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Constructive Dismissal

There are certain circumstances where a worker can consider their employment terminated without notice even though their employer has not expressly let them go.

This is known as constructive dismissal. It may appear that the worker quit or resigned, but in law the employer is deemed to have fired or terminated their employment.

In unionized workplaces termination of employees is covered by the collective agreement. Unionized employees can grieve the actions of an employer but cannot sue for constructive dismissal.

Toxic Work Environments

Generally speaking, a toxic or poisonous work environment in relation to sexual harassment can be the result of a single, serious incident or a pattern of behaviour that impacts the workplace as a whole. As such, it has a negative impact on workers and may make continued employment in that workplace intolerable. Employers that allow a toxic work environment to develop fail to meet their obligation to ensure the health, safety and well-being of their workers.

Generally speaking, constructive dismissal must involve an employer changing the fundamental terms of the employment relationship without the worker agreeing to the changes. Actions that may lead to a finding of constructive dismissal include things like...

  • a demotion
  • a wage or salary reduction
  • altering the worker's job description or working conditions
  • allowing a toxic work environment

There are occasions where a single incident can be serious enough to give rise to a claim of constructive dismissal. In other cases, it may involve a pattern of behaviour or a number of incidents.

Not every change to an employment relationship will amount to constructive dismissal. While the change must be fundamental or substantial, what this actually means will depend on the circumstances.

What the Courts are Saying

In the case of Colistro v. Tbaytel, the plaintiff had worked for a telecommunications company for close to twenty years. At one point during the plaintiff's employment her immediate supervisor had been fired for sexually harassing her and other co-workers. Eleven years later the company decided to re-hire him as Vice-President of the marketing department.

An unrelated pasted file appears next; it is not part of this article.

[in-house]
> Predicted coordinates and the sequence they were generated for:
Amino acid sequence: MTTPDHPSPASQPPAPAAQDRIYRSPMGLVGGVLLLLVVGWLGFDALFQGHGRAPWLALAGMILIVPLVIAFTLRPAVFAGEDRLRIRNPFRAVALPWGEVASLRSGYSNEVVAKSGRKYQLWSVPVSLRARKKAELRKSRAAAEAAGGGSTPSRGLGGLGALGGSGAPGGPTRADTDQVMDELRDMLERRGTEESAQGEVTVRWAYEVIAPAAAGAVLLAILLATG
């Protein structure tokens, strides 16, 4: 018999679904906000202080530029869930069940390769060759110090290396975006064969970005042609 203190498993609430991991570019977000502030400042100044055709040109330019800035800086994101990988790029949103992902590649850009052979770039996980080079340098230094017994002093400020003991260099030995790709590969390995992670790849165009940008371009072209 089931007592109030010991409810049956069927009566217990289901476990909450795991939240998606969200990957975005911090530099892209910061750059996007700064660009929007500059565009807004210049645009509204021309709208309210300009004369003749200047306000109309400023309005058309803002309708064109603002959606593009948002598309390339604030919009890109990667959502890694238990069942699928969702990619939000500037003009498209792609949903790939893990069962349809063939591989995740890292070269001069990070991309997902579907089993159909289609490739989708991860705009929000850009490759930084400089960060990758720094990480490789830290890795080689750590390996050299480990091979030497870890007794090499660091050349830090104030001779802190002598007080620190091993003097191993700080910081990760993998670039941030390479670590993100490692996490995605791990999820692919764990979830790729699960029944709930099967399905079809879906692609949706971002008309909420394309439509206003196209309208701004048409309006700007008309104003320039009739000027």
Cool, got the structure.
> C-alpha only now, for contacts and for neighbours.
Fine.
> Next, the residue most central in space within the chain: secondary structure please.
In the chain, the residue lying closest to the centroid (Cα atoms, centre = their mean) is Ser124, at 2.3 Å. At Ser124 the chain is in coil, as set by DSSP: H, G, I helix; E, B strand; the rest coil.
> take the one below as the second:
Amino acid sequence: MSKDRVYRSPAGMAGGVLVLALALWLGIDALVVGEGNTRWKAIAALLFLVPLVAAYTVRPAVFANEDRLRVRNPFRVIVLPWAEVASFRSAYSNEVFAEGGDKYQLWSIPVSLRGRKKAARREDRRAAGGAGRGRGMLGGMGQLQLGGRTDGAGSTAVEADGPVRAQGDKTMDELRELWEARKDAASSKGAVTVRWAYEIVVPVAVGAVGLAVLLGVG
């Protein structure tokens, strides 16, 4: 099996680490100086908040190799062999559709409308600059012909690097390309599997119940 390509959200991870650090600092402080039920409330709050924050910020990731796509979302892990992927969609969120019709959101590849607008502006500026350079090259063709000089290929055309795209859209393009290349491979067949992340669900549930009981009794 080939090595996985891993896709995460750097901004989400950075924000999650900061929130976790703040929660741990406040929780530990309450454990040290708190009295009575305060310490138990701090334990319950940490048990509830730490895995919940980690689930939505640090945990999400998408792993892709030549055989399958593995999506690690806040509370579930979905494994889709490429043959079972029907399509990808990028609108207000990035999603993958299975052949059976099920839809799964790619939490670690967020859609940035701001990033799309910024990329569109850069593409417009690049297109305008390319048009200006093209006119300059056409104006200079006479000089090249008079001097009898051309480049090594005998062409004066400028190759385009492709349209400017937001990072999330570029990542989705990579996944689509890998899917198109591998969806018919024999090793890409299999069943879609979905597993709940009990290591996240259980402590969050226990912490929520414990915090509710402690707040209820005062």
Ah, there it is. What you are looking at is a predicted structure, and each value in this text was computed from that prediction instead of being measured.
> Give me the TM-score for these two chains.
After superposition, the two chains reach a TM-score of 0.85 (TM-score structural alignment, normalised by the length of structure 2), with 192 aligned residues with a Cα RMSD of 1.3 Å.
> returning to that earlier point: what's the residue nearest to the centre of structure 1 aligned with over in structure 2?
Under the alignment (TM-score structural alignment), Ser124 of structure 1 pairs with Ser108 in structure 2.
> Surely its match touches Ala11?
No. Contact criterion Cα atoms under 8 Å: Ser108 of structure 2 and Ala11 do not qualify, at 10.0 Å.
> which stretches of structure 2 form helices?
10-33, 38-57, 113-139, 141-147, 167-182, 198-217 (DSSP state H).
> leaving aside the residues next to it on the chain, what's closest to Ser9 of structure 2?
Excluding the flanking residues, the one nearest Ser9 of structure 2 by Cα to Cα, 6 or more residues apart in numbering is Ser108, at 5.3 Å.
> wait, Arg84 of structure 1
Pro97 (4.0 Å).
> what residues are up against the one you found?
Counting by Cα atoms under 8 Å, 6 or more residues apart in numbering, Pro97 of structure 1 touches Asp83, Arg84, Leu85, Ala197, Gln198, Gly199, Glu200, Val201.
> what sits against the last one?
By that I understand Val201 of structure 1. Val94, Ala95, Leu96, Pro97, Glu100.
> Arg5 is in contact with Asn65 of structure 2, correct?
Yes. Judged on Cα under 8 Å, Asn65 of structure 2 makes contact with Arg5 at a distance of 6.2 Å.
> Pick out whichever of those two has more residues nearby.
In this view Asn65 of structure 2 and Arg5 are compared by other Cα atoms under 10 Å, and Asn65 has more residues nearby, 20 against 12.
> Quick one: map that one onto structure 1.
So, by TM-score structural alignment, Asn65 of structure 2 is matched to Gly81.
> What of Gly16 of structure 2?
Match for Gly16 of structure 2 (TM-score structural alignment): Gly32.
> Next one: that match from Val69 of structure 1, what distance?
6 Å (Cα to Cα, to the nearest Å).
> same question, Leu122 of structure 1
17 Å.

Upon learning of this re-hiring, the plaintiff informed her boss that she felt ill and went home. Later that evening, along with her husband, she met with her boss to relay her concerns and the circumstances of the earlier sexual harassment complaint. A few days later she informed her boss that she was "not eating or sleeping, was vomiting and on the verge of a nervous breakdown." She provided a note from her doctor advising that she would be off for one month due to stress.

The company discussed the matter internally and made the decision to go ahead with the re-hiring of the harasser. They noted that they took the "allegations" seriously and would discuss "appropriate behaviour" with him.

The plaintiff did not return to work and was ultimately diagnosed with Post Traumatic Stress Disorder (PTSD) and depression. She then sued for constructive dismissal and intentional infliction of mental suffering.

At trial the court found that the plaintiff had been constructively dismissed and awarded her damages equal to 12 months' pay in lieu of notice and an additional $100,000 for bad faith in relation how the matter was addressed. Her claim for intentional infliction of mental suffering was dismissed. The Court of Appeal agreed with the trial judge's findings.

The Court of Appeal noted that the company knew the plaintiff’s earlier harassment complaint was "more than an allegation." The Court also found that the company's position on the re-hiring was demeaning, dismissive and re-victimized the plaintiff and minimized the past conduct of the harasser in the eyes of the plaintiff and other employees...

The plaintiff bears the onus of establishing that [the employer's] conduct made her continued employment with them intolerable, taking into account accommodation proposals made. I am satisfied on a balance of probabilities that an objective reasonable bystander, aware of all the facts, would find that [the plaintiff's] continued employment with [the company] in these circumstances was intolerable....

[The company's] conduct toward [the plaintiff] was flagrant and outrageous. I also find that [the company's] treatment of the plaintiff was grossly unfair, unduly insensitive and in blatant disregard of her interests. The Court has the benefit of extensive expert medical evidence which establishes that the plaintiff suffered actual damages as a direct result of the way in which she was treated by [the company] at the time of her dismissal.

It's important to note that at the end of the day, while the plaintiff was successful in her claim regarding constructive dismissal, the lawsuit cost her more than she was awarded as she was ordered to pay legal costs to the other parties in relation to her failed claim of intentional infliction of mental suffering.

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The Shift Project is funded by the Department of Justice and delivered by the Public Legal Education Association of Saskatchewan (PLEA).